Writing is Personal

Have you ever read a book and wondered how much of it is actually an account of the author’s own life?

I had a discussion with my eighth grader tonight about To Kill A Mockingbird, and she talked about how certain aspects of Harper Lee’s novel came directly from the author’s life. Scout is believed to be based on Harper Lee herself, and Dill is based on her neighbor, the one and only Truman Capote.

Naturally, as writers, we put a lot of our personal experience or viewpoints into our work. How can we not? There is no way we can separate ourselves so completely, mentally and emotionally, from what we create. Any writing instructor, agent, or editor will tell you…write what you know.  Don’t make the mistake of thinking, however, that we are writing our own lives, unless, of course, we tell you it is so.

There are people who believe this to be the case. More than once, I’ve seen that “wink, wink, nudge,nudge” look in someone’s eye when I say I write romance. I’m telling you right now…it’s called fiction for a reason, people! And I have a really healthy imagination.

File:1876. The Adventures of Tom Sawyer.djvu

(photo in the public domain)

Certainly, I am present in my writing. My viewpoints, the important themes in my life, my values, all have their place in what I write. I think I would find it hard to write something that was completely antithetical to my way of living. Could Hemingway have written For Whom the Bell Tolls without drawing on his experiences as a reporter during the Spanish Civil War? Would Twain’s Adventures of Tom Sawyer have felt so authentic if the author didn’t draw from his childhood to write the book? The task of a writer is figuring out how, and when (or even if) to present that bit of themselves through the eyes of the characters in the novel.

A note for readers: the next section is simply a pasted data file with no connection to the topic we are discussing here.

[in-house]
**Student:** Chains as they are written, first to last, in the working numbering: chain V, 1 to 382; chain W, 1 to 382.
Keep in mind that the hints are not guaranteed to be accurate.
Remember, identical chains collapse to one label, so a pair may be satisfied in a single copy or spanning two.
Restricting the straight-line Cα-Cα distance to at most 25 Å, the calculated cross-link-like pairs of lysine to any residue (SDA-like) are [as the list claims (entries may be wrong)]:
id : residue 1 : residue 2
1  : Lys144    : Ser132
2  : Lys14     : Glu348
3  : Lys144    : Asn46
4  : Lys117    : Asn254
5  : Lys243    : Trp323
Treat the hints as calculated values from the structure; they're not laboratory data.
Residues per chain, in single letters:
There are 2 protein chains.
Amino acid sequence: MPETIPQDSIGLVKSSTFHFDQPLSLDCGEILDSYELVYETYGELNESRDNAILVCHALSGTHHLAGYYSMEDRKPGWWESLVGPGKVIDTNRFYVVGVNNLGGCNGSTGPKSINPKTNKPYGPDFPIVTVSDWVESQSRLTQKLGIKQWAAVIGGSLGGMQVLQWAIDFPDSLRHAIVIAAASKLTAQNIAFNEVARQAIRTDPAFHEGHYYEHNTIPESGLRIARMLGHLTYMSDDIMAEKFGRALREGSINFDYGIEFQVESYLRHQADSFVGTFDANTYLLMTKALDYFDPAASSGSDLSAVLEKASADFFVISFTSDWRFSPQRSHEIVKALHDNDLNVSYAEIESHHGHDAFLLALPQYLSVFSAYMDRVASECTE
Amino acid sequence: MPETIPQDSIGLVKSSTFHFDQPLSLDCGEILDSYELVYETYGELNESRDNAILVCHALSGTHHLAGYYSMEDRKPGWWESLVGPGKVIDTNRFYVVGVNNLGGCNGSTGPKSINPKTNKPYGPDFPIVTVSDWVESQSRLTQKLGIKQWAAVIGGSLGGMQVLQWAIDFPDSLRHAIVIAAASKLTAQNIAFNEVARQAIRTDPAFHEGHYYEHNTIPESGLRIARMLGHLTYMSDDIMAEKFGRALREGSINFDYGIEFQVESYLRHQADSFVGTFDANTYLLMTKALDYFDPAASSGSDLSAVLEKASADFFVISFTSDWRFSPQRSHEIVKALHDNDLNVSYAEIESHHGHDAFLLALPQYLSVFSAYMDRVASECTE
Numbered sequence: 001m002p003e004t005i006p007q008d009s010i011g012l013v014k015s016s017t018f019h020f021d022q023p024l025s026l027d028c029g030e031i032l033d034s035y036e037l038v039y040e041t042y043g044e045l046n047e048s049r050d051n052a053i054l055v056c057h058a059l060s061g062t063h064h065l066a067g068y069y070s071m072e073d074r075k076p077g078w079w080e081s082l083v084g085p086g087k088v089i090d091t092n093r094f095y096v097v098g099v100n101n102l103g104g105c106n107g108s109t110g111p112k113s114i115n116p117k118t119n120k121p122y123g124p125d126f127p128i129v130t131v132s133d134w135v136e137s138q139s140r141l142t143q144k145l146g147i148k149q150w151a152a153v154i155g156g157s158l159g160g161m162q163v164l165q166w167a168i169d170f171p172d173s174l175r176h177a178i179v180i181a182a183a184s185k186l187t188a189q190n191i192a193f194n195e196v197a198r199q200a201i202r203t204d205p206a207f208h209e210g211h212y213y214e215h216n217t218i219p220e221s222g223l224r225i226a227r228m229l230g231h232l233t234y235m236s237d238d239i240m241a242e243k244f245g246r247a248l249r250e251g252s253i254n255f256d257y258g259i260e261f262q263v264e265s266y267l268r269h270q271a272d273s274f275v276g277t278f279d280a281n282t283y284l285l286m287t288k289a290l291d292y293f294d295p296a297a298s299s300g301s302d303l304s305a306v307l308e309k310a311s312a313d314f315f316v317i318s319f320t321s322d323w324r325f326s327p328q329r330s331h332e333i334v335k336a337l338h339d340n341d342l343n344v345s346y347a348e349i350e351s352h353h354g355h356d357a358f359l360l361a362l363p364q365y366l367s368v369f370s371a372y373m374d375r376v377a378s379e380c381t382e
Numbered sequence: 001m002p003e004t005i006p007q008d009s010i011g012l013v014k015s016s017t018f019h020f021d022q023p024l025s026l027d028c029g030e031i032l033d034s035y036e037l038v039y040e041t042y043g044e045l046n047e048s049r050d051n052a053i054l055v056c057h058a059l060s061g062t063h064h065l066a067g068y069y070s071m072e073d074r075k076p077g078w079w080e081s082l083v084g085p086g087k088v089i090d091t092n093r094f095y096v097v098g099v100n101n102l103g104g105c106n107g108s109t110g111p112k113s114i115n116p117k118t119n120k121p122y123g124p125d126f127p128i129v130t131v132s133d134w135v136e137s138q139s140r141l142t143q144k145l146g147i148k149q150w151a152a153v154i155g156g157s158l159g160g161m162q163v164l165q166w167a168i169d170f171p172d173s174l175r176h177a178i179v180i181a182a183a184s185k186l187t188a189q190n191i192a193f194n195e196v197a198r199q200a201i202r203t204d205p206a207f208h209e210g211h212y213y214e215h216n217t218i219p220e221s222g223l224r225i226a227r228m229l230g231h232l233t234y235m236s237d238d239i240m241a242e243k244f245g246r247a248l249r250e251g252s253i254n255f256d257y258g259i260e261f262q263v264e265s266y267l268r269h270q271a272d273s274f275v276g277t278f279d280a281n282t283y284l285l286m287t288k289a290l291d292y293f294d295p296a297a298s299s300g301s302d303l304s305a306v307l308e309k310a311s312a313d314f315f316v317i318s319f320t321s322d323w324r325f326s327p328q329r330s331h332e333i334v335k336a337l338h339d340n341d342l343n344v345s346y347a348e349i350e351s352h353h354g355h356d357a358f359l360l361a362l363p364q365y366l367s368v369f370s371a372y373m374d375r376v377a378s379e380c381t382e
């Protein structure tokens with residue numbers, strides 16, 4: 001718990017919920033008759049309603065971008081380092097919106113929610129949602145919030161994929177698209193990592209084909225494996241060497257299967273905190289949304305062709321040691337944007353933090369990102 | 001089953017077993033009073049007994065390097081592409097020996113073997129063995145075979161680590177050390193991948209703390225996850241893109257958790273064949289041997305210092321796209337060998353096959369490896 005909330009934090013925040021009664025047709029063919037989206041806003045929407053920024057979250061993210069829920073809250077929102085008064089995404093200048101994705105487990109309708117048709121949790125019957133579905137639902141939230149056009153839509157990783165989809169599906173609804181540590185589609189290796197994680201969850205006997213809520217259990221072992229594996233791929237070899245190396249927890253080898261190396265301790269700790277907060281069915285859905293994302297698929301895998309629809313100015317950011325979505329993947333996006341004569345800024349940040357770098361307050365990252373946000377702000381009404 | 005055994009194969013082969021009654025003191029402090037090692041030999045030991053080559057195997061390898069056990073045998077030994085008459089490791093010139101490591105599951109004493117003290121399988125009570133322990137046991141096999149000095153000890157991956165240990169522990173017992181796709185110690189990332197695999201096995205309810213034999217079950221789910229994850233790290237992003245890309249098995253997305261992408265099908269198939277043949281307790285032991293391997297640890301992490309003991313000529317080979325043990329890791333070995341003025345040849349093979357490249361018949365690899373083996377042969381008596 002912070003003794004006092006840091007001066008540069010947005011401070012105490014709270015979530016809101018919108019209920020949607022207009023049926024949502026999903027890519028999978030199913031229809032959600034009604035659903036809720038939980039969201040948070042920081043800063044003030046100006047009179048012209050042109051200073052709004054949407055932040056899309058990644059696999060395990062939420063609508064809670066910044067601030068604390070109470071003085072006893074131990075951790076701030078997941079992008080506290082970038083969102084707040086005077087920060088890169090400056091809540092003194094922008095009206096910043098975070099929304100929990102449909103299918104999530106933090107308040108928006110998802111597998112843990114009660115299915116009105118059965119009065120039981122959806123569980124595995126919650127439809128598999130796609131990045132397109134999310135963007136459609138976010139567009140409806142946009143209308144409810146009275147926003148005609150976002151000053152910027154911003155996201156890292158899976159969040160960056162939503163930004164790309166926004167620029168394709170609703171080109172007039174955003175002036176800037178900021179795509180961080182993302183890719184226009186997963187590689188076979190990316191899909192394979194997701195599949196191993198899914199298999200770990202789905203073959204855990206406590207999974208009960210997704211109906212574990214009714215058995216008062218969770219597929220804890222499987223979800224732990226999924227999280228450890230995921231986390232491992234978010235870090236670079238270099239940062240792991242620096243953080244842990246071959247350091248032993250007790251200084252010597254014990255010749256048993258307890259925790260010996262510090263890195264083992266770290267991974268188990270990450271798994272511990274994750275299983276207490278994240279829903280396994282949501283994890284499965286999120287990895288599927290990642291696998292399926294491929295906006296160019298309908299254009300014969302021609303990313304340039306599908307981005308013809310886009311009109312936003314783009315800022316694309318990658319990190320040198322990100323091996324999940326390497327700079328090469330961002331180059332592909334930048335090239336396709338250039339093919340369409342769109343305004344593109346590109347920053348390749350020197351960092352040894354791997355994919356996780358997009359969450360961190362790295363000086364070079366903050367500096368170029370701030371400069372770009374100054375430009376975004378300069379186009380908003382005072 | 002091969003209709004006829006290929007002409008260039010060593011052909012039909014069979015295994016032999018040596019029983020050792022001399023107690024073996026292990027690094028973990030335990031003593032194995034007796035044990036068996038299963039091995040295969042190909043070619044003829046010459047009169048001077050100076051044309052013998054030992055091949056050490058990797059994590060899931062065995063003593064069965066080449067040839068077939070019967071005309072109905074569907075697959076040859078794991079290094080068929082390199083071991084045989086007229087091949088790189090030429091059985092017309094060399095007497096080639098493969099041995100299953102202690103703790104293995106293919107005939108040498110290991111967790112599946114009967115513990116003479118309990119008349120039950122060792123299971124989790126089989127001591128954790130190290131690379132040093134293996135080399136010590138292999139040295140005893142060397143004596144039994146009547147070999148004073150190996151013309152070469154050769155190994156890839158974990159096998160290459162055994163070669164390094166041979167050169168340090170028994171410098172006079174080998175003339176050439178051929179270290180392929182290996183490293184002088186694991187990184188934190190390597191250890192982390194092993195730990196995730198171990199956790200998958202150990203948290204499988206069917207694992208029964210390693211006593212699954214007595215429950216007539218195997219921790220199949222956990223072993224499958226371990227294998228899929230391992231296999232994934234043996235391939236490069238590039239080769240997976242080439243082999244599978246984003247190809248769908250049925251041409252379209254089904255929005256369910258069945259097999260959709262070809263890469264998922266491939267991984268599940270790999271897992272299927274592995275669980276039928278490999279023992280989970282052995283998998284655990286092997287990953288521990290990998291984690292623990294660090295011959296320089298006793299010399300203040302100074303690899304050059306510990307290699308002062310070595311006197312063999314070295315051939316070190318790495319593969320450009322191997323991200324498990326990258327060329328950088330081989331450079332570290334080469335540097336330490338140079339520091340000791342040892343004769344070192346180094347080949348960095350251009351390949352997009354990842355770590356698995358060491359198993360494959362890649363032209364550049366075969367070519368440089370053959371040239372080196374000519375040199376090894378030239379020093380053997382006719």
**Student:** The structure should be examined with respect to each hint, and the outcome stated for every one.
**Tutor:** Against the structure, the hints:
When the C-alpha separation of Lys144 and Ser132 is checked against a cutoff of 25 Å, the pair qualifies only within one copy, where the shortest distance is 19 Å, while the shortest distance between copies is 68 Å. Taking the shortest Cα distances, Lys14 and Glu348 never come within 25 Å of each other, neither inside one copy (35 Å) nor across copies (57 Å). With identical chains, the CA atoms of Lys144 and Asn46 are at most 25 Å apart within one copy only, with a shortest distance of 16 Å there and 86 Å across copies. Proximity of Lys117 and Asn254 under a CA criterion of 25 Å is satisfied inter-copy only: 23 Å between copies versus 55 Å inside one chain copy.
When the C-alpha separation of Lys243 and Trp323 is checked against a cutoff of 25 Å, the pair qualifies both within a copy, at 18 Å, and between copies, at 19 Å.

For me, a personal experience can often help set the premise, define characters, or create the setting of what I’m writing, but I never want to actually write an actual event from my life into the story. This is especially true if the event is so meticulously recreated that it might offend the actual persons involved. I might, however, take a small element from the larger event, and change the setting and the persons involved (and what they look like). In other words, I want to find the small crumb of value in the larger event, and use that to tell the story.

Which points to another pitfall. It is no use recounting a clever or funny anecdote from your life in your novel, if it doesn’t advance the plot and help illustrate your theme. The most important factor to consider when including a personal experience or anecdote is, is it pertinent to the plot and does it advance the story? If not, or if you’re not sure, it’s best to leave it out. We all have humorous anecdotes or big turning points in our own lives, and it’s tempting to share them, but unless it helps tell the bigger story you are trying to write, don’t do it!

Thematically, I think it would be difficult to write a story if I didn’t personally buy into the theme. I can’t imagine myself writing a story whose theme or moral message is completely opposite of my  own moral compass. That’s not to say there can’t be events in my stories I could never see happening in my own life. That would be naive. Evil people and evil deeds do exist in real life, and they need to be discussed. Whether it be a complete disregard for other human beings, animal abuse, sexual promiscuity, or any number of other serious character flaws, for me the purpose of these is to see redemption, to find value in the opposite, or to push home exactly how abhorrent these attributes are. In other words, the purpose of the anti-hero is to push home the triumph of good over evil, love over hate, peace over war, because that is the kind of life I strive to live.

So I want to hear from you. Have you ever written vignettes from your own life into a story? How did you change it to disguise the actual people involved? What is your favorite book that is drawn from real life experience?

Jaye

 

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20 Comments